Com-Guard.com, Inc. Will Officially Start Selling Its New DataCrypt™ Bitcoin Node Device on Amazon
It has been quite a busy August for the guys at Utrum as their Development Team made major strides in several important areas including Utrum Blockchain in terms of Wallet Functionality and Design as well as Utrum Rewards and “HODL” Features. The Utrum Platform (Alpha build) also recorded some major improvements in the areas of Data Aggregation and Api Functionality, Architecture and Framework, Database Design and UI Design.
Still in August, two new back-end developers, [Anshu Kumar](https://www.linkedin.com/in/anskumar/) and Divyang Hirpara, joined the team. They are now hard at work tying together the back and front ends of Utrum Platform Alpha. Anshu and Divyang come with over 11 years of combined experience in backend development, Ruby, and database design. As the team grows so does the excitement, with progress being ramp’d up on all fronts, blockchain, wallet and Alpha.
Hey I’m 16 looking to buy l bitcoin. My parents wont help me with getting through id on coinmama. Can someone help me get bitcoin. I’m down to skype or something. I just need someone to help me verify a account. That’s all I’m asking. I’m be paying for everything. Thank you
If the IRS would just use an ounce of common sense, I think they would see how straightforward this tax approach is to cryptocurrency.
Here is what the law should be: Once you have cashed out more USD than you have invested, you pay capital gains tax on all the profit that has been cashed out.
Example: You invest 5k in crypto, and now it’s worth 12k. You then cash out 4k to USD. You don’t pay any taxes, because this is still less than your original investment. You then cash out an additional 2k to USD. Now, you have cashed out 1k more than your original investment, so you pay capital gains tax on that 1k. Simple, right? What do all of you think?
The Reserve Bank of India has filed an affidavit with the country’s supreme court in response to one of the petitions against its crypto banking ban. The central bank reportedly argues that it has acted within its power and that none of the petitioners have shown reasonable grounds for the supreme court to intervene.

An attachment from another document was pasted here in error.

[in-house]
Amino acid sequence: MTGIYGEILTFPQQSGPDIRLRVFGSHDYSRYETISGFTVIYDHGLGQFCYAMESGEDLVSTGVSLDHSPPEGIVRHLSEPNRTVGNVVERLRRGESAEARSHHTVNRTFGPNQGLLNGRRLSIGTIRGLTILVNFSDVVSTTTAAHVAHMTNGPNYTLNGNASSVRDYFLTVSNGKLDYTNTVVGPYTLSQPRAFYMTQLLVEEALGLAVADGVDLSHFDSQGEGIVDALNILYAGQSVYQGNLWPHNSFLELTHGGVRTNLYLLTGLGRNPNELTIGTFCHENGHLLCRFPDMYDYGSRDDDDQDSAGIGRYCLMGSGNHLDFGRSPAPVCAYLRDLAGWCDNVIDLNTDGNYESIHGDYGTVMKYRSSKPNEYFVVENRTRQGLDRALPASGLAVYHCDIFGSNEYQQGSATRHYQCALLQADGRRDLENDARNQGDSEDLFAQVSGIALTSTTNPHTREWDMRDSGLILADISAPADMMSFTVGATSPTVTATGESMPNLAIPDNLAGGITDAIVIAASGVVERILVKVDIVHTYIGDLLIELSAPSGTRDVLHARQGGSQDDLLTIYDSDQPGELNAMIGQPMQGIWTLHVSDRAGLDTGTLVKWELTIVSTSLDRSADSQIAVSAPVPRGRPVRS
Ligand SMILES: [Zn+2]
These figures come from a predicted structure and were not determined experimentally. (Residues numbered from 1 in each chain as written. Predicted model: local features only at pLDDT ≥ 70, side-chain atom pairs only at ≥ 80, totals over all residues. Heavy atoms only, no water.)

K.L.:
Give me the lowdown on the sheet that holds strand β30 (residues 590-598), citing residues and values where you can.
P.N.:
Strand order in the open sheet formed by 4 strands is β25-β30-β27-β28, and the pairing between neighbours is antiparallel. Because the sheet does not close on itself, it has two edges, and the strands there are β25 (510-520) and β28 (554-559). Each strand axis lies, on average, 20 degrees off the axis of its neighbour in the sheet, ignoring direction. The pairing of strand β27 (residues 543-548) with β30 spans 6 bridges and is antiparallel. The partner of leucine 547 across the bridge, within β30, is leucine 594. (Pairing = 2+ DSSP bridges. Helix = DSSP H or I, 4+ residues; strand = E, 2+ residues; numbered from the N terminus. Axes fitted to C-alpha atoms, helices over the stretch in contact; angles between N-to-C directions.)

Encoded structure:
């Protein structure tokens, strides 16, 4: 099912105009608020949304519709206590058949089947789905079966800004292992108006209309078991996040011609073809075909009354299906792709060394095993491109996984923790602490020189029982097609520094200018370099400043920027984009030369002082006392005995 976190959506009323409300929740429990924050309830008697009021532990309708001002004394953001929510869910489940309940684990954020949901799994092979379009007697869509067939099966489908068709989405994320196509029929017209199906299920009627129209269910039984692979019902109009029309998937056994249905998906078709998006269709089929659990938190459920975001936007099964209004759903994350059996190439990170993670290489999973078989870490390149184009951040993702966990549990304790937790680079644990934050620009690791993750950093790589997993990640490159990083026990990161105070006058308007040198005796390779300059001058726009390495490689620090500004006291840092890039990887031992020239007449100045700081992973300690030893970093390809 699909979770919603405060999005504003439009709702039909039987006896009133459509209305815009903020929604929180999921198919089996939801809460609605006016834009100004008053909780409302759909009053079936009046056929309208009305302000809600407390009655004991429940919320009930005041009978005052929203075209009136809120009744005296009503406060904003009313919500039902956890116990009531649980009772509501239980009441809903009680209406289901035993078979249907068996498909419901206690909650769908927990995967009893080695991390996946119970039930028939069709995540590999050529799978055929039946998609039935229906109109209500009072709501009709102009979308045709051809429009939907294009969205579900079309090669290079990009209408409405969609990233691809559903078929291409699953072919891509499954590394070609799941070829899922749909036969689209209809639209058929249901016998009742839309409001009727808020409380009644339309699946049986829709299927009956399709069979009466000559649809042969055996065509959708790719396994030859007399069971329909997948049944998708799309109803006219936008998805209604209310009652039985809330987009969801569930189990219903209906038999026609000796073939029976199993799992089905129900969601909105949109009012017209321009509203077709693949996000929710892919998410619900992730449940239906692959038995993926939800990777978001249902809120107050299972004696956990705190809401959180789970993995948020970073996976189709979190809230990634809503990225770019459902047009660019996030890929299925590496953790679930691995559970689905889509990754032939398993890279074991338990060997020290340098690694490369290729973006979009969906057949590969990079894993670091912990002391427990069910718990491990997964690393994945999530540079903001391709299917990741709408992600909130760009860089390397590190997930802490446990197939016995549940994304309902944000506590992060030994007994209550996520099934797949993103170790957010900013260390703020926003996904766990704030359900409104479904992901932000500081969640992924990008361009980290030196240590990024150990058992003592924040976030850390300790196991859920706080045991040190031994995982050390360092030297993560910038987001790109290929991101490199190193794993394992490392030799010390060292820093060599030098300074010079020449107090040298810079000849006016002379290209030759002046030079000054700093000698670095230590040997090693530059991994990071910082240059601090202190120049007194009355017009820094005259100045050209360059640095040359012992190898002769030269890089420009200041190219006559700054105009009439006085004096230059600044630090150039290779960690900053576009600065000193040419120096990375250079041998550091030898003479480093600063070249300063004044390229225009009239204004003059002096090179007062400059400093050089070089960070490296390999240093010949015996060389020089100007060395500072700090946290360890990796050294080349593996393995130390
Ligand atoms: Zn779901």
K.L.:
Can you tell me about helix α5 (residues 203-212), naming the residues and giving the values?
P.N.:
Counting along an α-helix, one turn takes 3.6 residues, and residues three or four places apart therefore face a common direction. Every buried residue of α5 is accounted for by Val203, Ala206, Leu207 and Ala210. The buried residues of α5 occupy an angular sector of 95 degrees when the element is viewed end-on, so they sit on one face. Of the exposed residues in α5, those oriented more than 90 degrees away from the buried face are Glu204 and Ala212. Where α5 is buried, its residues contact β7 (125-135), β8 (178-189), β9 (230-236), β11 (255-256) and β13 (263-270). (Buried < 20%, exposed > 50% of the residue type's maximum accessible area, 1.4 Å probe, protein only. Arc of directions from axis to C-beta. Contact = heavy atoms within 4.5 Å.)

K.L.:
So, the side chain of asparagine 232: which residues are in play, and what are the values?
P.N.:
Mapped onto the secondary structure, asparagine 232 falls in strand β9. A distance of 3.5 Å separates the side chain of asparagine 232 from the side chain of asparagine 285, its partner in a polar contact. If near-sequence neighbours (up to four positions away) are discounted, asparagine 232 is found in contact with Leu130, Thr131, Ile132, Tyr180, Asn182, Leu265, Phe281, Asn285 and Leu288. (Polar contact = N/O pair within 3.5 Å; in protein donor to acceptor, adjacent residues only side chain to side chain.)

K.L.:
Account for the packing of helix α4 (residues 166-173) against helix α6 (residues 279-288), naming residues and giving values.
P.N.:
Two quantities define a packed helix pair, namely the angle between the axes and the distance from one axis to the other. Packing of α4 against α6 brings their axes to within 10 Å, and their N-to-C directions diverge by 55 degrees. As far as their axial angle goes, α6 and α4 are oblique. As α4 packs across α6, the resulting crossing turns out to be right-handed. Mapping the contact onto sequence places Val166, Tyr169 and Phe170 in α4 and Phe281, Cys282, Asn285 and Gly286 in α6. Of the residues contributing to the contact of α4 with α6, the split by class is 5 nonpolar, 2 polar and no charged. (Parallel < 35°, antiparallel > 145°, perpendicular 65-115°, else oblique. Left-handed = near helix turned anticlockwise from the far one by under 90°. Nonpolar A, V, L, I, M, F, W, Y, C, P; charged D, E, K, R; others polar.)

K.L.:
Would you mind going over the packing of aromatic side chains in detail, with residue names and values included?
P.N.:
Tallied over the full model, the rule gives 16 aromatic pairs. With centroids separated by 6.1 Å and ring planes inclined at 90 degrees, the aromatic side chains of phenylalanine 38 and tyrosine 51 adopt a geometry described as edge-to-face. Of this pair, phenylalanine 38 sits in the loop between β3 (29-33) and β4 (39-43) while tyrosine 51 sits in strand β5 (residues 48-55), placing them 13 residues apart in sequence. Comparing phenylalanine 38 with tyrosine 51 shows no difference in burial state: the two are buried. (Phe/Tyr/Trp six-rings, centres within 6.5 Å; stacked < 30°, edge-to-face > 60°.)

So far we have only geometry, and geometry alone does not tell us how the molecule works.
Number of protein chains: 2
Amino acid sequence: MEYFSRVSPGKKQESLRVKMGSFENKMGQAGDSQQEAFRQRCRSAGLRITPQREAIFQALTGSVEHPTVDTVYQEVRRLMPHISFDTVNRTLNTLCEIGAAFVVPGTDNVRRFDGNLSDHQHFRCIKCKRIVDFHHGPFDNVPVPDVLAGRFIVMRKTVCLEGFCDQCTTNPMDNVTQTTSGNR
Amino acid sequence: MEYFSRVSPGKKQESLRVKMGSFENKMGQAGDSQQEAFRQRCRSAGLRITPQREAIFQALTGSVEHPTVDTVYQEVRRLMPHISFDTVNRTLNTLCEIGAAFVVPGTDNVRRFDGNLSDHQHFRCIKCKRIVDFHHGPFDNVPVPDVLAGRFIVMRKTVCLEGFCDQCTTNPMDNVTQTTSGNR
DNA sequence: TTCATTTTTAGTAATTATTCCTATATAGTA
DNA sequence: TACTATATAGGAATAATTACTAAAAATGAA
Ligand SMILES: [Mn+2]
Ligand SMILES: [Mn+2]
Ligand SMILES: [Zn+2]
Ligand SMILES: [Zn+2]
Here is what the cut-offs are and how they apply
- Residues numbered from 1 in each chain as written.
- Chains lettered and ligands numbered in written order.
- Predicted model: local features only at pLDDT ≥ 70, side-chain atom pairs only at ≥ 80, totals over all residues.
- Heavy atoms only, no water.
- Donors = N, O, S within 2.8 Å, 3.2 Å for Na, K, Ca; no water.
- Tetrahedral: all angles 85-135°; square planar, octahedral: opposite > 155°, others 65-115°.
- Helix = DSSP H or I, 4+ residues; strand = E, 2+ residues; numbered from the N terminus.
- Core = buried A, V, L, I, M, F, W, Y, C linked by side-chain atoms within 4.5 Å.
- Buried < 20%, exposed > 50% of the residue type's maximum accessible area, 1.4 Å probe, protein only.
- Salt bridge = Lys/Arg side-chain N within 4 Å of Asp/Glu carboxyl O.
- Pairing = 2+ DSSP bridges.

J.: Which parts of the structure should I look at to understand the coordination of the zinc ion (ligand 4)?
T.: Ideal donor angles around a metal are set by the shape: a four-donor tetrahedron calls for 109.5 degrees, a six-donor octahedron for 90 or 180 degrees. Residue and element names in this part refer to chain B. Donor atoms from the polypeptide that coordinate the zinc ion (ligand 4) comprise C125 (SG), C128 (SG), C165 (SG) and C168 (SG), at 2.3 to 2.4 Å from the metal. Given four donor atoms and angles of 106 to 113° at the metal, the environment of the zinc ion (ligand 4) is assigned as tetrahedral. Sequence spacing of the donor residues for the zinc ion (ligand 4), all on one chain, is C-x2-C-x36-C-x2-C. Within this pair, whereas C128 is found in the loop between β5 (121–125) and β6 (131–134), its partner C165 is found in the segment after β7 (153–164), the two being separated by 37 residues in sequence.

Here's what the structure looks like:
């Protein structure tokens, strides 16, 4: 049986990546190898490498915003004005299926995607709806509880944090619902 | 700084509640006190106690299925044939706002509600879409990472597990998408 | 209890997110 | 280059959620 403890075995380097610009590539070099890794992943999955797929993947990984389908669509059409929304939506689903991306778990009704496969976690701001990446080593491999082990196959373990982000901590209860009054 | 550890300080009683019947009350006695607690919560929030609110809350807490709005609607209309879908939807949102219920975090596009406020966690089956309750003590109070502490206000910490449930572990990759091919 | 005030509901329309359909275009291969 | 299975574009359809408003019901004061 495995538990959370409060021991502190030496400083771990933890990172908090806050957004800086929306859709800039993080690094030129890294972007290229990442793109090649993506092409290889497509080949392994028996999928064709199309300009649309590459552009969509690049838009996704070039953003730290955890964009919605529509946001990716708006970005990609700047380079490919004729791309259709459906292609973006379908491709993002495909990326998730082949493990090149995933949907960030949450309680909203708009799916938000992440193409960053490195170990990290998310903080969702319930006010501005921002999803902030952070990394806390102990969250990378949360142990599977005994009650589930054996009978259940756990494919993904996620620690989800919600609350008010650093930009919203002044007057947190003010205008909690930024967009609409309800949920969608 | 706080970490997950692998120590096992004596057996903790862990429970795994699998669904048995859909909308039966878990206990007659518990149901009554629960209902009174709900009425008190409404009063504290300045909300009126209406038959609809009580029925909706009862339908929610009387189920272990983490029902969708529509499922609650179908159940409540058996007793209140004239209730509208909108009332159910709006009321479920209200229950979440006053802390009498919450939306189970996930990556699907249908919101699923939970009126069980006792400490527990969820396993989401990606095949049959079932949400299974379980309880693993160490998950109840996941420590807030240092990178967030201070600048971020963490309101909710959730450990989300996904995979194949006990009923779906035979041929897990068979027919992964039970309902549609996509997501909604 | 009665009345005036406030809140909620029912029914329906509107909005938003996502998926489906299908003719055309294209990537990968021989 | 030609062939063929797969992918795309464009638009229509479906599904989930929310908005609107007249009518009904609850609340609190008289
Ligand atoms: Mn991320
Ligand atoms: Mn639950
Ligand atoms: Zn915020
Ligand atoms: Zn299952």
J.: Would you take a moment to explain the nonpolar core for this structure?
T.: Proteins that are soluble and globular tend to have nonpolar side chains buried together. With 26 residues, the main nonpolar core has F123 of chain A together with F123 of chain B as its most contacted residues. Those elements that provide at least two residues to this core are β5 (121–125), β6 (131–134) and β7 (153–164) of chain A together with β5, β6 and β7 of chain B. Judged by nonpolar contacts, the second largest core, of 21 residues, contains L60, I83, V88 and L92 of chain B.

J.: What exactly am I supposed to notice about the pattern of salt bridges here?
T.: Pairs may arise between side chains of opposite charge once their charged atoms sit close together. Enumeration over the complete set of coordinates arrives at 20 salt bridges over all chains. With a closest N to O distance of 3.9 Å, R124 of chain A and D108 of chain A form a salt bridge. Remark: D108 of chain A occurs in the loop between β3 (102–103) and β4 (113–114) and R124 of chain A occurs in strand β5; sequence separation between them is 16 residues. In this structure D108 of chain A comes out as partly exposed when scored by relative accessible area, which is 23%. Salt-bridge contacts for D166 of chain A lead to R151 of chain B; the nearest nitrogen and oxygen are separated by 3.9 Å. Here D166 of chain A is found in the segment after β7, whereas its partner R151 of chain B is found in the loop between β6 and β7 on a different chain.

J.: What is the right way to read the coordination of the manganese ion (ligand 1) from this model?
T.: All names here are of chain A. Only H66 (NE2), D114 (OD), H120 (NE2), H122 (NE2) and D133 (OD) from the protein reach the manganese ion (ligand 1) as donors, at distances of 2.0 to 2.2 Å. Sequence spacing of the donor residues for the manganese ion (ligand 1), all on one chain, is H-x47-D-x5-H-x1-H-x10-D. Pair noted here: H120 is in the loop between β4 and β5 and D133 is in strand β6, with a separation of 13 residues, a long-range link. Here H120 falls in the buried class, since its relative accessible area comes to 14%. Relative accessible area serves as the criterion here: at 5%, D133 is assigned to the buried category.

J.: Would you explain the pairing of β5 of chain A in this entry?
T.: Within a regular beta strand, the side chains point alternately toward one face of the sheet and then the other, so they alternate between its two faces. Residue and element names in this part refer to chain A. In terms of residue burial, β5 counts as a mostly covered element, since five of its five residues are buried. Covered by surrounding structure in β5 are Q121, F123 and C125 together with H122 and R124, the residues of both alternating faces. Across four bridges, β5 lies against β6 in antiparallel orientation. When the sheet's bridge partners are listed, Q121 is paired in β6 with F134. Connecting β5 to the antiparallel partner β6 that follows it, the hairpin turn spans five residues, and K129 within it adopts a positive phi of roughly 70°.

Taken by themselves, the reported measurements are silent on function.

Last week, the Supreme Court of India was scheduled to hear all of the petitions against the crypto banking ban by the country’s central bank, the Reserve Bank of India. However, the case was postponed the second week in a row from the original hearing date of Sept. 11. According to industry participants, the court is now scheduled to hear the case on Sept. 25.
In response to a petition filed by the Internet and Mobile Association of India (IAMAI), the central bank filed an affidavit with the supreme court on Sept. 8, Inc42 reported on Sept. 21. “Inc42 has the copy of the petition filed by IAMAI as well as the response filed by RBI on September 8, 2018.”
In its affidavit, the central bank argues that the IAMAI petition, along with other petitions challenging its ban, “is not maintainable either in law or on facts and, hence, liable to be dismissed as such,” the publication noted.
Since the RBI issued its April 6 circular banning banks from providing services to crypto businesses, a number of petitions have been filed against the ban. They allege that the central bank’s action “violates Articles 19 (1) (g) and 14 of the Indian Constitution,” which “will lead to the closure” of affected firms, the news outlet explained. However, the RBI detailed in its affidavit:
The impugned circular and the impugned statement neither violate the right to equality guaranteed under Article 14 or the right to trade and business guaranteed under Article 19 of the Constitution…The petitioner cannot seek to exercise the extraordinary jurisdiction of this Hon’ble Court to avail a right which they do not have.
RBI’s response further reads, “There is no statutory right, much less an infringed one, available to the petitioner to open and maintain bank accounts to trade, invest or deal in virtual currencies.” In addition, the central bank claims that IAMAI and others “haven’t got any reasonable or tenable ground for interference by this court.”
The central bank argues that its April 6 circular is in line with its three previous statements regarding cryptocurrencies – one in 2013 and two in 2017.
Calling the circular an essential step, the RBI claims that cryptocurrencies “are associated with multiple risks such as lack of customer protection, high volatility, vulnerability of wallets and exchange houses to cyber-attacks, money laundering, etc,” the news outlet conveyed.
“Unlike a currency which is defined as something that can be a medium of exchange, a store of value and a unit of account,” the central bank asserted that cryptocurrencies, “given their volatility, lack of intrinsic value and low adoption, satisfy none of these criteria.” Emphasizing that “Their value is merely derived from the parties to a transaction willing to pay a particular amount” for them, the RBI maintained:
The impugned circular and the impugned statement have been issued in a manner that is consistent with the powers conferred on the RBI by the law and the same are legal and valid.
What do you think of RBI’s response to the petitions against its ban? Let us know in the comments section below.
Images courtesy of Shutterstock and the RBI.
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